Wednesday, April 22, 2009

Earth Day Thoughts

I was in high school at the first Earth Day. I remember that along with my teenage anti-war and fighting the dress code efforts, it felt slightly subversive.

It's clear from the newspaper, the tv shows, the mailers, the emails, the Presidential proclamations, and so on, that Earth Day has become mainstream. I don't know the data, but I'm guessing that a significant majority of Americans now recycle, use the new light bulbs, turn off the lights and turn down the heat, and unplug as much as possible. Last week, my church announced it had achieved status as a green congregation. One tweeter wrote, "Earth Day is every day."

How great that is!

I can't help but think how much farther we are on environmental issues than on sexual and reproductive health issues. True, in 1970, homosexuality was still considered a mental illness and abortion was only legal in New York. But the most dramatic changes on those issues happened before I graduated from college -- and it seems like we have faced one battle after another for the past twenty five years.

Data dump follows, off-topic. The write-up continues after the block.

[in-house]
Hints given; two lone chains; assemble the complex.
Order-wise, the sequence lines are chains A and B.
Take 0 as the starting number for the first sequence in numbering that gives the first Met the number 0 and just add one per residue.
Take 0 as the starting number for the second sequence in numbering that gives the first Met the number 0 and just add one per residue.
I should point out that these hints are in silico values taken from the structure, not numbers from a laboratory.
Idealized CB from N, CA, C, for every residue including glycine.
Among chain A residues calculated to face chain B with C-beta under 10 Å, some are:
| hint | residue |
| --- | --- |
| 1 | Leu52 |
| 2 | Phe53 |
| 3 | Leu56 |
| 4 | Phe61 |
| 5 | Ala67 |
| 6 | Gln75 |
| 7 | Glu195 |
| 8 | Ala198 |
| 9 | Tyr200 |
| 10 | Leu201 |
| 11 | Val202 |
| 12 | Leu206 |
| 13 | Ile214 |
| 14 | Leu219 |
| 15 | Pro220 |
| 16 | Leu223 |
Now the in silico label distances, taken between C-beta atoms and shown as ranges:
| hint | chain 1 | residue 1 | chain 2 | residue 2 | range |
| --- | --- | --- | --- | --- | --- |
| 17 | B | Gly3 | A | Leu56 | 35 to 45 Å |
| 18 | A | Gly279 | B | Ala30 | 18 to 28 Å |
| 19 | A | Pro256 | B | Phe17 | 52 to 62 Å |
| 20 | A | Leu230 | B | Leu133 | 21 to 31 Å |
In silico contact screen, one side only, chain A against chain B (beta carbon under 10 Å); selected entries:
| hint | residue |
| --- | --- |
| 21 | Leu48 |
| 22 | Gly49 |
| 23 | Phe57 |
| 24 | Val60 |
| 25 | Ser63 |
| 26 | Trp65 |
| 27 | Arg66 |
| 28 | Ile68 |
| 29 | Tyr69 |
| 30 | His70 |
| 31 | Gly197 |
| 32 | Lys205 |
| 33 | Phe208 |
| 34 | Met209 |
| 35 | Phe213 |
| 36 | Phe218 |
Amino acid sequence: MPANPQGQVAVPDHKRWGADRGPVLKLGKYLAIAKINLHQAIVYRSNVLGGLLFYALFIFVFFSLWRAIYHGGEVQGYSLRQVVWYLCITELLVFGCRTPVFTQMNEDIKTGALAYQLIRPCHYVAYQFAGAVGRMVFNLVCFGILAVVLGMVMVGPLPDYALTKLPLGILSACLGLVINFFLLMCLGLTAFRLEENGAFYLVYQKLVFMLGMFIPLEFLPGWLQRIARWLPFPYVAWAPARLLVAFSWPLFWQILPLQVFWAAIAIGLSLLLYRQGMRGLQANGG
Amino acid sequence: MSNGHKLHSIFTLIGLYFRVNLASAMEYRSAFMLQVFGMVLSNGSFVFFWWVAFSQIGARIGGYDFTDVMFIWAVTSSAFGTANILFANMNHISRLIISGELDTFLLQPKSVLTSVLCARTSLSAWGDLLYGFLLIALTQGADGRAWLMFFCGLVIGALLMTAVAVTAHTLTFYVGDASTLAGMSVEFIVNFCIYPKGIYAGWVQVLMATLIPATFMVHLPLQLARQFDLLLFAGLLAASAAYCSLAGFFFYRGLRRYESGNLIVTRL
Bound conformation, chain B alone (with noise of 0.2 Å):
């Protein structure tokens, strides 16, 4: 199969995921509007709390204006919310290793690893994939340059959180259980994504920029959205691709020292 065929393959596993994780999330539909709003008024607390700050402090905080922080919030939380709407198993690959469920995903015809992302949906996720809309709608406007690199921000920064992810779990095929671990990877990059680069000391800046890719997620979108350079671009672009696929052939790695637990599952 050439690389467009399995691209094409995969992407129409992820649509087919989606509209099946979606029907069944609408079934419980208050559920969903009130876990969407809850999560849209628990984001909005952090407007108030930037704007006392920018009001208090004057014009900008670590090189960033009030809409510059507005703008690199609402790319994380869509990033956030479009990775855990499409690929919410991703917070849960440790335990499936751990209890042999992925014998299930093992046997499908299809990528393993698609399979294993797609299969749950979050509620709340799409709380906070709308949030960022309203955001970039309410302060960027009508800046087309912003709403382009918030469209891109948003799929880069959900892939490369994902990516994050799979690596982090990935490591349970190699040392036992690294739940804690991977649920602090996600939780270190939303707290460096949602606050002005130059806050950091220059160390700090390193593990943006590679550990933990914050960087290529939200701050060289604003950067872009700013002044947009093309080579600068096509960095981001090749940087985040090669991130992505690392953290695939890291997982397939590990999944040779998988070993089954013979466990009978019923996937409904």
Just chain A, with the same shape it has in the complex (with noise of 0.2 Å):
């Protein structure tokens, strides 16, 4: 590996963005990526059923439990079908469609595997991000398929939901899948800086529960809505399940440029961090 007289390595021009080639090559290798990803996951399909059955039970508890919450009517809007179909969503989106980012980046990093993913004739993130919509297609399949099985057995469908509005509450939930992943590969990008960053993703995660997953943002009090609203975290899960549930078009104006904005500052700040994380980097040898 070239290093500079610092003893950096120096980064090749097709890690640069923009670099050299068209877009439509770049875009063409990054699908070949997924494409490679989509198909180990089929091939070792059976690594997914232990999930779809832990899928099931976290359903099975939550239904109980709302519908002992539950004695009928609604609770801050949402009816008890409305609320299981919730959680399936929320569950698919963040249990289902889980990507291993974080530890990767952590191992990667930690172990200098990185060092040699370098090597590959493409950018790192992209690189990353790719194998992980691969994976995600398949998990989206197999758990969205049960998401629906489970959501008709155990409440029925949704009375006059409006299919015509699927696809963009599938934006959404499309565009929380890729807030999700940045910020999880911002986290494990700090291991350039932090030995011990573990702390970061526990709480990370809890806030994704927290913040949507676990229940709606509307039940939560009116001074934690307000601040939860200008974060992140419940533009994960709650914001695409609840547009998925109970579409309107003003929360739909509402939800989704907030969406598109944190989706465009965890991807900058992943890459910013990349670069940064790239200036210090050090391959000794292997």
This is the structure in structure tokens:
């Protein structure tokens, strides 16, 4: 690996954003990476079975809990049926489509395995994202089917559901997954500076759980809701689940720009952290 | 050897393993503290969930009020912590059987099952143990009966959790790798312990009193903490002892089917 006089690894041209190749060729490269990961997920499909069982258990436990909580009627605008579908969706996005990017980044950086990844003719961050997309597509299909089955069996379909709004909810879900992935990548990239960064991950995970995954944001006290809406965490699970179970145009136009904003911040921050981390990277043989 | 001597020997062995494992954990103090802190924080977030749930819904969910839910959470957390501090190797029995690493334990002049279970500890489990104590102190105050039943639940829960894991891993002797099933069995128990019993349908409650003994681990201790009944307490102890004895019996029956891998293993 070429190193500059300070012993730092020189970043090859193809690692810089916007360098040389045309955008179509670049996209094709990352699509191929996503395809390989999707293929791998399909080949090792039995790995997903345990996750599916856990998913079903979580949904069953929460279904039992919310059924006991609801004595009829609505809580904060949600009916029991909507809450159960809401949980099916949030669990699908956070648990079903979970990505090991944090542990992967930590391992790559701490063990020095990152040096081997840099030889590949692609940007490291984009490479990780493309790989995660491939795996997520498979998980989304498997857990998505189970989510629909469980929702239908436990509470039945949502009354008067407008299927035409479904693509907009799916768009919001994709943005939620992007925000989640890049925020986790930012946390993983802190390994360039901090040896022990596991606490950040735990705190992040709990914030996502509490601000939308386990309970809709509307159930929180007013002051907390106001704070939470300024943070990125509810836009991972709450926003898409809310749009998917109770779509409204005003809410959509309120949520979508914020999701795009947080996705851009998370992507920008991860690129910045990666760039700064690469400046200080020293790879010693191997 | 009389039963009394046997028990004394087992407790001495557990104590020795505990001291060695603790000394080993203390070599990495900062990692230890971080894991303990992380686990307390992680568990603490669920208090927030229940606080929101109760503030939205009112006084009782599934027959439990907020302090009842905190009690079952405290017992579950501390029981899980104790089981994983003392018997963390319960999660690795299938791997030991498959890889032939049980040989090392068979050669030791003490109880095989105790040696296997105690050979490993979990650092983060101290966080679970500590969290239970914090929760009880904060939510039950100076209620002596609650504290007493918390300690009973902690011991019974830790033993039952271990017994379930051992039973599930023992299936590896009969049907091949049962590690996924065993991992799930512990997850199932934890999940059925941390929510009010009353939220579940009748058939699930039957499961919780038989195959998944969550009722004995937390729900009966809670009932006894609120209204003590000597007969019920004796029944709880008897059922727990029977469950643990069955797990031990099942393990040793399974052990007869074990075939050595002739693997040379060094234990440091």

My growing sense though is that there is a new societal consensus emerging -- and one can only hope and pray that in the next ten years, sexuality education will finally be commonplace, abortion rights will be secured, family planning services will be available as part of health care reform to all, and marriage equality will be secured, at least in many more states.

After all, who would have thought in 1970 that you'd be carrying water in an aluminum bottle or pulling a blue recycling bin to the curb each week?

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